In the unlikely event that  the Justice Minister does not insist on his policy as described to Mike Hosking, despite his current advisers, the Courts will pay the price. They’ll have to endure many more confrontations with victims.  Decent judges have to apply the law the way it is written. They’ll be forced to add to the pain and anger of determined victims and leave the Courts facing growing outrage, until the law is made simple and clear, until it respects victims at least as much as it panders to criminals and their families.

 For the kinds of issues on which the Minister will need submissions see my previous post on this topic.



  • Jim Maclean
  • December 12th, 2009
  • 7:48 pm

Weasel words once again, both from the legal fraternity and (to a lesser extent) from the Minister himself when the issue cries out for simple plain speaking. The public not only want, but we demand a say in the public forum which calls the person who has wronged us to account. We will vote for those politicians who support this right and vote against those who deny us. It will take time, as each election is a balancing act for what we desire and what we can reasonably achieve, but in time it will be so I am sure.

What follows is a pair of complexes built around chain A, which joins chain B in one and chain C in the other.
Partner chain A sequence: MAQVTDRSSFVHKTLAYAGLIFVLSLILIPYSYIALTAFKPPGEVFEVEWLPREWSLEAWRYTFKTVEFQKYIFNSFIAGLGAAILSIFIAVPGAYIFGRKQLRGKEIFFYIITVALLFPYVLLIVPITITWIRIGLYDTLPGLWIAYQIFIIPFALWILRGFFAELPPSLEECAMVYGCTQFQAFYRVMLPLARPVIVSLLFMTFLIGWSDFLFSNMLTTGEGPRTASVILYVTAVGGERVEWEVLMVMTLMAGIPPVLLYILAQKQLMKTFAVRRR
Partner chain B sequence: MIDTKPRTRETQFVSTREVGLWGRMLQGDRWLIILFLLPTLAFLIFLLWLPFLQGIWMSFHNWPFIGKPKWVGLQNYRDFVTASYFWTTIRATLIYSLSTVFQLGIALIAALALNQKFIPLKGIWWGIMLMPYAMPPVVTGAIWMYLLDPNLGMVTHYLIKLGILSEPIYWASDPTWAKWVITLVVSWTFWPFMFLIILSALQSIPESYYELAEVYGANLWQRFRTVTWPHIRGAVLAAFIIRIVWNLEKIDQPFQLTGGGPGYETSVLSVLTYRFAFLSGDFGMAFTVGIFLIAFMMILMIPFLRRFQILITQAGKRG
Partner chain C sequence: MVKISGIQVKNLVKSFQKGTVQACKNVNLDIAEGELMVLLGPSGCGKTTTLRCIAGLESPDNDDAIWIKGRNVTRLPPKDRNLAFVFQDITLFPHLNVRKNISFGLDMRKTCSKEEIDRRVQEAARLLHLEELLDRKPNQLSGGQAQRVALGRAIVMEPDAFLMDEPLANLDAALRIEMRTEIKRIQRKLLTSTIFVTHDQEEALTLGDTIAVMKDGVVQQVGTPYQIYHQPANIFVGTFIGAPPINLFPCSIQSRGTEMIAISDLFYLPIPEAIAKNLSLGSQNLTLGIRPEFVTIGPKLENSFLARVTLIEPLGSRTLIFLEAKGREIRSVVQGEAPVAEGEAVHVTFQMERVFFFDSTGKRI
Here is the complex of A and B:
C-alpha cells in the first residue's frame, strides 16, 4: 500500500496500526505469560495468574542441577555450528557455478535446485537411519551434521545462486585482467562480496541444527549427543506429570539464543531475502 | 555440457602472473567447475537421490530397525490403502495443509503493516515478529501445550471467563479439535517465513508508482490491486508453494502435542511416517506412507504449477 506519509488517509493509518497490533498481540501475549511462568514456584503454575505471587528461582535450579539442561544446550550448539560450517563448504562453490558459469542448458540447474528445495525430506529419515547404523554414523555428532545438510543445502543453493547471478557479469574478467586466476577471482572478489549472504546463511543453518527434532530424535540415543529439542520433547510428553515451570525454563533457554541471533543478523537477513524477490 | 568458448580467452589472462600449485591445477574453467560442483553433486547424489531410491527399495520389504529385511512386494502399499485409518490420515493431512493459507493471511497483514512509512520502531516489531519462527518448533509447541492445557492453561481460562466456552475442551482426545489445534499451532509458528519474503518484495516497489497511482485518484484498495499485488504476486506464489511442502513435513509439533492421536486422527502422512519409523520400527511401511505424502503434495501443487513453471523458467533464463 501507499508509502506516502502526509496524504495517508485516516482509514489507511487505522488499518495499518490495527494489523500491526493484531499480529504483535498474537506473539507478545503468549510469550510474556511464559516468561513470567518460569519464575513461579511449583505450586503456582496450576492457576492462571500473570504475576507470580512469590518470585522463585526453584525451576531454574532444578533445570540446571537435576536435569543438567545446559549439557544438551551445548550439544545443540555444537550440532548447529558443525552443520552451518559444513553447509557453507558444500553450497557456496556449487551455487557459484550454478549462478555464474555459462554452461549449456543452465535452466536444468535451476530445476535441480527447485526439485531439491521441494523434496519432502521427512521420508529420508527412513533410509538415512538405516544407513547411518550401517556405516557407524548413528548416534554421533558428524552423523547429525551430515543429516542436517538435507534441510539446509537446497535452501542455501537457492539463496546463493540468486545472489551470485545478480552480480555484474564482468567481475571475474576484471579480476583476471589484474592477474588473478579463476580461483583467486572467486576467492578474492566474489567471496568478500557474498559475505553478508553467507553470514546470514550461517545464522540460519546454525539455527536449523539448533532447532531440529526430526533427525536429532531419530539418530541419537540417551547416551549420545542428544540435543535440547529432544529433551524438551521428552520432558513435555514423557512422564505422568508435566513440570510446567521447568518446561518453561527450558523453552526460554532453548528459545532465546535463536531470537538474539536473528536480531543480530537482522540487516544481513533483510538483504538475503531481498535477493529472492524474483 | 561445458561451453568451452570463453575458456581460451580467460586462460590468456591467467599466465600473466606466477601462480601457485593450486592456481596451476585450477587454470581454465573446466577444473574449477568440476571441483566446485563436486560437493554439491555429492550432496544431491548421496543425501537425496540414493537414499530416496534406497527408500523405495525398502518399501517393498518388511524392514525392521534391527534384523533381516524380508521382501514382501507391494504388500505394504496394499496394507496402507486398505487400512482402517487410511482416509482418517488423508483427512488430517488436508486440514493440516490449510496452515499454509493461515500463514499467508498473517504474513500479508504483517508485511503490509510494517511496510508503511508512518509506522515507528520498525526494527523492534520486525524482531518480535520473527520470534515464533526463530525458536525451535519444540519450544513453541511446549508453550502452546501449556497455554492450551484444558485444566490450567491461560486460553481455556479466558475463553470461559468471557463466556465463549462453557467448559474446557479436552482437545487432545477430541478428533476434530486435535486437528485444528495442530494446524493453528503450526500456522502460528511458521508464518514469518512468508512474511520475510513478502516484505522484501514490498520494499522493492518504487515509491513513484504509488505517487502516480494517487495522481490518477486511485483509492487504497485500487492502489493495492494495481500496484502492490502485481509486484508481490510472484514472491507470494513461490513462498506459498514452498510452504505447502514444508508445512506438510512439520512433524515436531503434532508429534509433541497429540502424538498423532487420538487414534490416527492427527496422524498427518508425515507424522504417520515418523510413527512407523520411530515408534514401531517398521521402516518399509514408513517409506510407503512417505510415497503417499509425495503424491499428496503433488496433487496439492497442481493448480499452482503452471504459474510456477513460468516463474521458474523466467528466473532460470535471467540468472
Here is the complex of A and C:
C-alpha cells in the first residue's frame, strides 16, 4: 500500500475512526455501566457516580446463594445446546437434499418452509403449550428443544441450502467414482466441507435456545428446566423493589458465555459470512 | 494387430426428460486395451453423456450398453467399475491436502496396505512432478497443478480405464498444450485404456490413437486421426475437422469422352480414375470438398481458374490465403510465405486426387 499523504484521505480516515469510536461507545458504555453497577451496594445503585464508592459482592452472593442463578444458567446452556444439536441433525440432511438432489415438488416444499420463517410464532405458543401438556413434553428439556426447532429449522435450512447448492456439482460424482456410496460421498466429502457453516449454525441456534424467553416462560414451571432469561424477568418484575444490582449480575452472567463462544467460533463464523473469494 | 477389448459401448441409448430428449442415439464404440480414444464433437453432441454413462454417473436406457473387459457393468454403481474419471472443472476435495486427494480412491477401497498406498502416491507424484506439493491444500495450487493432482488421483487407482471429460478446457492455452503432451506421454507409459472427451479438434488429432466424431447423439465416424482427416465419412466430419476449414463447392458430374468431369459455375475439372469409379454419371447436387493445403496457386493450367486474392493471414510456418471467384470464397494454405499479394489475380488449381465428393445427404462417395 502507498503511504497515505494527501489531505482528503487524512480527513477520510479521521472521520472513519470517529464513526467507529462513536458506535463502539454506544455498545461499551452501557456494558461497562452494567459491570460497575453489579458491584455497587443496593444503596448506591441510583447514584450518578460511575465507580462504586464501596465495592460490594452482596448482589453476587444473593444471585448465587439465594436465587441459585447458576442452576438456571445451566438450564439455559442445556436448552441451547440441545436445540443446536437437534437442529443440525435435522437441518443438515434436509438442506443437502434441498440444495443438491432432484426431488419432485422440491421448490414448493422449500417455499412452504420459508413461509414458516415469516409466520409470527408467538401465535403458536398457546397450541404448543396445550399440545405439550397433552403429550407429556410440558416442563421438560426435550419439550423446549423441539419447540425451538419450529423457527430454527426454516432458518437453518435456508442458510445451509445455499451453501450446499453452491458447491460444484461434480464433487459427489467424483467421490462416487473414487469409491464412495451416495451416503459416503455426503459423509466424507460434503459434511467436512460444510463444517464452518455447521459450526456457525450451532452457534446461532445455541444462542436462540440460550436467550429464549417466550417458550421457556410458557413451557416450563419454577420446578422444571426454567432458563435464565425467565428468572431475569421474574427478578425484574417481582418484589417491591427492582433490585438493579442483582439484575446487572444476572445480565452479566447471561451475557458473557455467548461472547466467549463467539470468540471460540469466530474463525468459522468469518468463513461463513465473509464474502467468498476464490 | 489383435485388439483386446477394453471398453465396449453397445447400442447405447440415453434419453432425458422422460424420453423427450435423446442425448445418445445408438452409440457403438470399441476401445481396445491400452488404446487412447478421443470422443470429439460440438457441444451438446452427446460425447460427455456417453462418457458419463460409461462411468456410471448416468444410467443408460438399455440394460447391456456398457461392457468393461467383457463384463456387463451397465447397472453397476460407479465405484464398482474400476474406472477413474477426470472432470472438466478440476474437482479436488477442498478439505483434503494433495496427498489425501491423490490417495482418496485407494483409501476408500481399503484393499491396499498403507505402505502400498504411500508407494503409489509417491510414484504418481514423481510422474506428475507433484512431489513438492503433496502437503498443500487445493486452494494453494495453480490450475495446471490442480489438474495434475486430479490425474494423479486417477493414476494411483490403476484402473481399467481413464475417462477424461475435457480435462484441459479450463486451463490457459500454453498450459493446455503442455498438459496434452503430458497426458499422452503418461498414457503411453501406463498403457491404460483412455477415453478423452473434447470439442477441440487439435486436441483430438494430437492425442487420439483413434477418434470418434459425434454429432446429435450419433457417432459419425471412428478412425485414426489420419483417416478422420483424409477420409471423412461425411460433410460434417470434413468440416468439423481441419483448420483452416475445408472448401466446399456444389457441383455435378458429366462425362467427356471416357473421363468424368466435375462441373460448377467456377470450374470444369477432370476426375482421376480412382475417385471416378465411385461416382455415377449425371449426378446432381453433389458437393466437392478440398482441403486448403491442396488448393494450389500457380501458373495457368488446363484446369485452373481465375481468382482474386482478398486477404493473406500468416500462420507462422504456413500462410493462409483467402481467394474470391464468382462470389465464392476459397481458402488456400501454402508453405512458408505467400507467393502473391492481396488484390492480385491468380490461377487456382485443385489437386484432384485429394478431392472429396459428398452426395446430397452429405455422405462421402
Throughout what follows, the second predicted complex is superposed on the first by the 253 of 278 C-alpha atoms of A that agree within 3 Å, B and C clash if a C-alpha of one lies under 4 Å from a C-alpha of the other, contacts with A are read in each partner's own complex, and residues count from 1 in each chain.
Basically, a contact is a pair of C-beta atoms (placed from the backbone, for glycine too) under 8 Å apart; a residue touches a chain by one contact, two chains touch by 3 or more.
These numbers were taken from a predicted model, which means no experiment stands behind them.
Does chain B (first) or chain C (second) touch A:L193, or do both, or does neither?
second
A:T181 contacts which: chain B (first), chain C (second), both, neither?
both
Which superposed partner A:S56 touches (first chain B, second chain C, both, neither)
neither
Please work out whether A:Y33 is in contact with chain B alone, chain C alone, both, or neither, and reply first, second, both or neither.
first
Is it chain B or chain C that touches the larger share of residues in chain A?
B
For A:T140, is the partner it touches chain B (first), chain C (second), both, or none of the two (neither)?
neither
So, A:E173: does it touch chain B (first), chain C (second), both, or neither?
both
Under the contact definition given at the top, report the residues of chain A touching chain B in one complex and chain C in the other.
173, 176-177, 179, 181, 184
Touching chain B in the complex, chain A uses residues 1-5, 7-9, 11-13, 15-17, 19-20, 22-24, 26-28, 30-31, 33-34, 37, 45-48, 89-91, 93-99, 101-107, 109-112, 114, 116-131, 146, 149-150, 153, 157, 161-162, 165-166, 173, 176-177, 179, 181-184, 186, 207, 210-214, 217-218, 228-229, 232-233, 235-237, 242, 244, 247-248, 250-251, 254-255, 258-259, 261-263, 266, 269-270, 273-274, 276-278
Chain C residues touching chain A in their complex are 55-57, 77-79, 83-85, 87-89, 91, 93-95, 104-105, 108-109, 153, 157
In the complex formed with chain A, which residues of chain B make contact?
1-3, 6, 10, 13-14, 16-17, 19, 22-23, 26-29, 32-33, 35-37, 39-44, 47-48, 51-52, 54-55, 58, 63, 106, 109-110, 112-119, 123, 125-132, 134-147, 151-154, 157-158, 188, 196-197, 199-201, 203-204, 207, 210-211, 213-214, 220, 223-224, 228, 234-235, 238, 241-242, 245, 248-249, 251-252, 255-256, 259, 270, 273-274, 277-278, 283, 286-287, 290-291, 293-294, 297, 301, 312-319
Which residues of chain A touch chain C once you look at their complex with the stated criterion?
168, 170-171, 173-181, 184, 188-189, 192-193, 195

In years past, I remember silently fuming as John McEnroe carried on like a spoiled child on the tennis court wondering when someone would have the guts to simply pull him up on it and do what any sensible and reasonable person would. Everyone involved was too intimidated by his fame or too hidebound by the rules as they percieved them until a corageous Australian referee disqualified him from his match, rather than simply wilting before his tirade.
It was only this disqualification which finally bought McEnroe to his senses and put a brake on his shennanigans. Offenders in the court hear nothing of what the sentencing Judge says, and hear every word from their own defence lawyer. There must be room in the courts for the ordinary man (or woman) in the street to have their say. The question is, will this Minister have the balls to face down the sophistry of those who would deny the victims their right to it?